The marketing for Descent didn’t appeal to me: it sounded a bit too much like a dungeon crawler. In reality, whilst this is true to an extent, it offers so much more. This really did feel like a full extension to the main game, providing a brief new base of operations and new expeditions to carry out. The lack of civilization and the relatively emptiness of the maps (once you’ve cleared out the Darkspawn, at least) does make you feel that you’re treading where no-one has been for a very long time. There’s also a fairly massive addition to the lore of Thedas which you hope will be touched upon in future DA games.
Descent isn’t perfect. Some people will complain about the linearity, though that didn’t bother me. The ending felt a little undercooked, and – similarly to Hakkon – the enemies you encounter are pretty faceless. You start off fighting Darkspawn, and they don’t have any kind of archdemon or broodmother controlling them that you come across. Along the way you do encounter what I think is a new breed of Darkspawn, the Emissary. These seem to have been modelled on the Architect from Dragon Age Origins: Awakening, but they don’t actually provide any dialogue. Just after the mid-way point of the DLC you find yourself under attack by an mysterious group called the Sha-Brytol. As enemies go they’re quite interesting, what with their rat-a-tat-tat bolt attack and earth-shaking. Unfortunately they don’t have a leader, and you never find out an awful lot about them other than some relatively cryptic allusions in cut-scenes. It’s a shame, really, as there was some potential there for interesting antagonists. Perhaps, though, I’m being a bit hard on Descent in this respect: the problem with the anonymous enemies is one that afflicts the whole series. Even the main Inquisition game had issues in this regard, with Corypheus never feeling to me fully fleshed out.
Some special mention must be given to the fight that occurs halfway through Descent which is the toughest I recall encountering in the whole of the game thus far. With only about two supply caches nearby, you face off against a horde of Darkspawn that will keep regenerating until you defeat a certain set number of enemies. I found it a little annoying that the game didn’t make it clear that you had to go to certain areas of the map to find these enemies. As a result, it took me the best part of 75 minutes to get through the whole thing, and a fight against an Emissary Alpha who kept putting up a heavy-duty magic barrier made me have to drop the difficulty down for the first time in the whole campaign. I just couldn’t face dying and having to do the whole thing again. Maybe if I were more savvy about picking out the right places to attack the right enemies it would’ve been quicker, but first time round it was a massive slog. Fun at first, but after three quarters of an hour it just felt like a war of attrition. Still, it’s an interesting change of pace in the game.
Again, for those few of you who are interested, here’s me finally managing to defeat the Emissary Alpha:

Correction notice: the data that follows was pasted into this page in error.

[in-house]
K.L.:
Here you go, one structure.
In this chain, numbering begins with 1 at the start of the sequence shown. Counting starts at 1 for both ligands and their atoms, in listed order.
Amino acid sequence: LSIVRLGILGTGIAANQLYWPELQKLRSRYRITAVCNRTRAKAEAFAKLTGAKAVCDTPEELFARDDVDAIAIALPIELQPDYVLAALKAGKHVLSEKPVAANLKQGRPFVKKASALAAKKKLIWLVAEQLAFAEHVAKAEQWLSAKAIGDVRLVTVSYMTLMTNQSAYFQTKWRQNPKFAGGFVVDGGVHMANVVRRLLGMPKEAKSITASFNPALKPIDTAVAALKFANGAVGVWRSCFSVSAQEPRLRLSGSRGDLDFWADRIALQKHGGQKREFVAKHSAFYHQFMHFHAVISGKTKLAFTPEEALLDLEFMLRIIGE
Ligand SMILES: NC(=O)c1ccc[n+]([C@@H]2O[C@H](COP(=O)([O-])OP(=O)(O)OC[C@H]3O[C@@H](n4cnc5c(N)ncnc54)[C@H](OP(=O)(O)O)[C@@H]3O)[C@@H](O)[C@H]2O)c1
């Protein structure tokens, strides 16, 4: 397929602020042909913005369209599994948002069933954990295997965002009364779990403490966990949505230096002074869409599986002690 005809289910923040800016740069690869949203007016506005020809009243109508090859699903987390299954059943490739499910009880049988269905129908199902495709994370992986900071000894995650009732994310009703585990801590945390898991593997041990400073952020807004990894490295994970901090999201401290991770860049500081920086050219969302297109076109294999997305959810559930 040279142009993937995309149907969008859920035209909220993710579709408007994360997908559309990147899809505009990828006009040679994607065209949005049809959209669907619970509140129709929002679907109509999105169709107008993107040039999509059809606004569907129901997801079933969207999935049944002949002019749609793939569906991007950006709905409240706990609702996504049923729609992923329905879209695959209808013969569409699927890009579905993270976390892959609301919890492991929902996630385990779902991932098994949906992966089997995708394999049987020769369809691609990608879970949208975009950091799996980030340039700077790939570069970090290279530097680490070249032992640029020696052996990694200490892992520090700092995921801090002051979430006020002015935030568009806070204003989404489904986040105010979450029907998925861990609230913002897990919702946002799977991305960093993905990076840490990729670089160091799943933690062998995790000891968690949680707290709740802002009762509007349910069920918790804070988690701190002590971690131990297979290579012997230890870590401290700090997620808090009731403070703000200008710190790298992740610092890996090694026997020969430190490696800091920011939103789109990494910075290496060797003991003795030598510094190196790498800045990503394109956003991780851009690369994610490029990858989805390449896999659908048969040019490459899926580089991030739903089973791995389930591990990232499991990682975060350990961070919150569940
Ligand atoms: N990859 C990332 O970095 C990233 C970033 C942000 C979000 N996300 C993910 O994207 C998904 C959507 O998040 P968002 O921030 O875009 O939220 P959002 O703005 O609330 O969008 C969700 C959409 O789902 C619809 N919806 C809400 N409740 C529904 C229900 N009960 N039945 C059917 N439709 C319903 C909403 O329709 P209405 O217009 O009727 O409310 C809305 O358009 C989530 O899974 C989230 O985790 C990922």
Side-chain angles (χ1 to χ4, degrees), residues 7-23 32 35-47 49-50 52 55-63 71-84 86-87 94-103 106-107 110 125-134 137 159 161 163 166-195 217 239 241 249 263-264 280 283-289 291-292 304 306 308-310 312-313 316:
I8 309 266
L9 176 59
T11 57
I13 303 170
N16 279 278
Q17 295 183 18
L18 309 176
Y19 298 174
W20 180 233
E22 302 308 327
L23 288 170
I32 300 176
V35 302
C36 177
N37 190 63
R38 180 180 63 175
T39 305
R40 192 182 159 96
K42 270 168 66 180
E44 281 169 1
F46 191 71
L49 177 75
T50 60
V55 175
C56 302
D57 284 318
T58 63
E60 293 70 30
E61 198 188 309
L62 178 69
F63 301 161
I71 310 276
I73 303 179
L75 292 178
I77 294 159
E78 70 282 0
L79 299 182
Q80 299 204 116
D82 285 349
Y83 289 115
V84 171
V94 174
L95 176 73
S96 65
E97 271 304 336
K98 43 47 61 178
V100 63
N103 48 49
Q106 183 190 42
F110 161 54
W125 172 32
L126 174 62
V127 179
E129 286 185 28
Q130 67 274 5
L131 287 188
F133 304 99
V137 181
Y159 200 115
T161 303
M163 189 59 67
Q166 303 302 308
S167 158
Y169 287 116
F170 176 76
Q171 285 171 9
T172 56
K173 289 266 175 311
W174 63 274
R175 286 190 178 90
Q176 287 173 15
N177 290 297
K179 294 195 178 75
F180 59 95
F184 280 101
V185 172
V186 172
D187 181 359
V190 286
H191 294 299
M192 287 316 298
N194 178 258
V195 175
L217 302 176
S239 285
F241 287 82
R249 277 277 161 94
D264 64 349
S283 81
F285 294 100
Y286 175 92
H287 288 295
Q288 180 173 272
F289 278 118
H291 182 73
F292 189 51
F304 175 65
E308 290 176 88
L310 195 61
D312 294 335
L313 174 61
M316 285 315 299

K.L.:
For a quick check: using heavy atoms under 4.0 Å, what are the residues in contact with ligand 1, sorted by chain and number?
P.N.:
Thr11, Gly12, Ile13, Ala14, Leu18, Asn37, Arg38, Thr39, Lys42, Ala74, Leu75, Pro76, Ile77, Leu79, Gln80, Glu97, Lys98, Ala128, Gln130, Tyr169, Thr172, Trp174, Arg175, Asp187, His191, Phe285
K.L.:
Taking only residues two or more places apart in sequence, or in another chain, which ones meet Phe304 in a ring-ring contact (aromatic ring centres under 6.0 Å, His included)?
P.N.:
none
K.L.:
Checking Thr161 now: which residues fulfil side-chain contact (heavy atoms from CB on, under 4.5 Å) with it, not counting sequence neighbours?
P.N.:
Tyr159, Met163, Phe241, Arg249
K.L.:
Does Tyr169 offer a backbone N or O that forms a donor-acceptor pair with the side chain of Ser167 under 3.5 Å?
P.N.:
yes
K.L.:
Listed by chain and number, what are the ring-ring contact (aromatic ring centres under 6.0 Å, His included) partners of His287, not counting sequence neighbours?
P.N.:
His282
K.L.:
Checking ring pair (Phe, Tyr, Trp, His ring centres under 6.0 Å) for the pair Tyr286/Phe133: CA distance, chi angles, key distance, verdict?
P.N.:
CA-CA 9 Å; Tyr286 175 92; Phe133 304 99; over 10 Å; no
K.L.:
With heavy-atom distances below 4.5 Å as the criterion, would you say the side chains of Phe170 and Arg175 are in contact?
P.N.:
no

Finally, Trespasser. I know I’ve said it already but, please, if you don’t want any spoilers for the main game as well as the DLC please immediately avert your eyes or smear them with jam so you can’t read on.
Unlike the other two expansions, Trespasser only becomes available after the main storyline has been completed. Starting the DLC fast-forwards the timeline by about two years and removes you from Skyhold and any content you haven’t yet completed. As per the strongly-worded warning the game gives you, once you start Trespasser there is no going back. At the start you are taken to the Winter Palace in Orlais, which looks very palace-y but not, it must be said, all that wintery. The palace is playing host to the Exalted Council hosted by Divine Victoria (who I believe is either Cassandra or Leliana, depending on your choices in the main game) who are convening to discuss the future of the Inquisition. Now that the threat of Corypheus and the breaches have subsided, people across southern Thedas are beginning to question why the Inquisition still exists and why they have so many swords and other metal pointy things. I found this element of the story to be quite interesting, because it’s not often in a game that you get to see what happens after the happy ending. It always struck me as a tad odd how the great nation-states of Thedas just seemed to very quickly accept the resurrection and growth of the Inquisition during the main storyline, so it was good to see that, once the dust had settled, people were expressing their displeasure.
It’s not long however before the Council is thrown into disarray by the arrival of a distinctly-dead Qunari. A quick bit of trellis-climbing by the Inquisitor later reveals that the Qunari had arrived in the Winter Palace by means of an eluvian, those Elven magic-transporting-mirror-things seen towards the end of the main game. Without much concern or forward-planning, the Inquisitor dashes through the eluvian and ends up in some mysterious Elven ruins.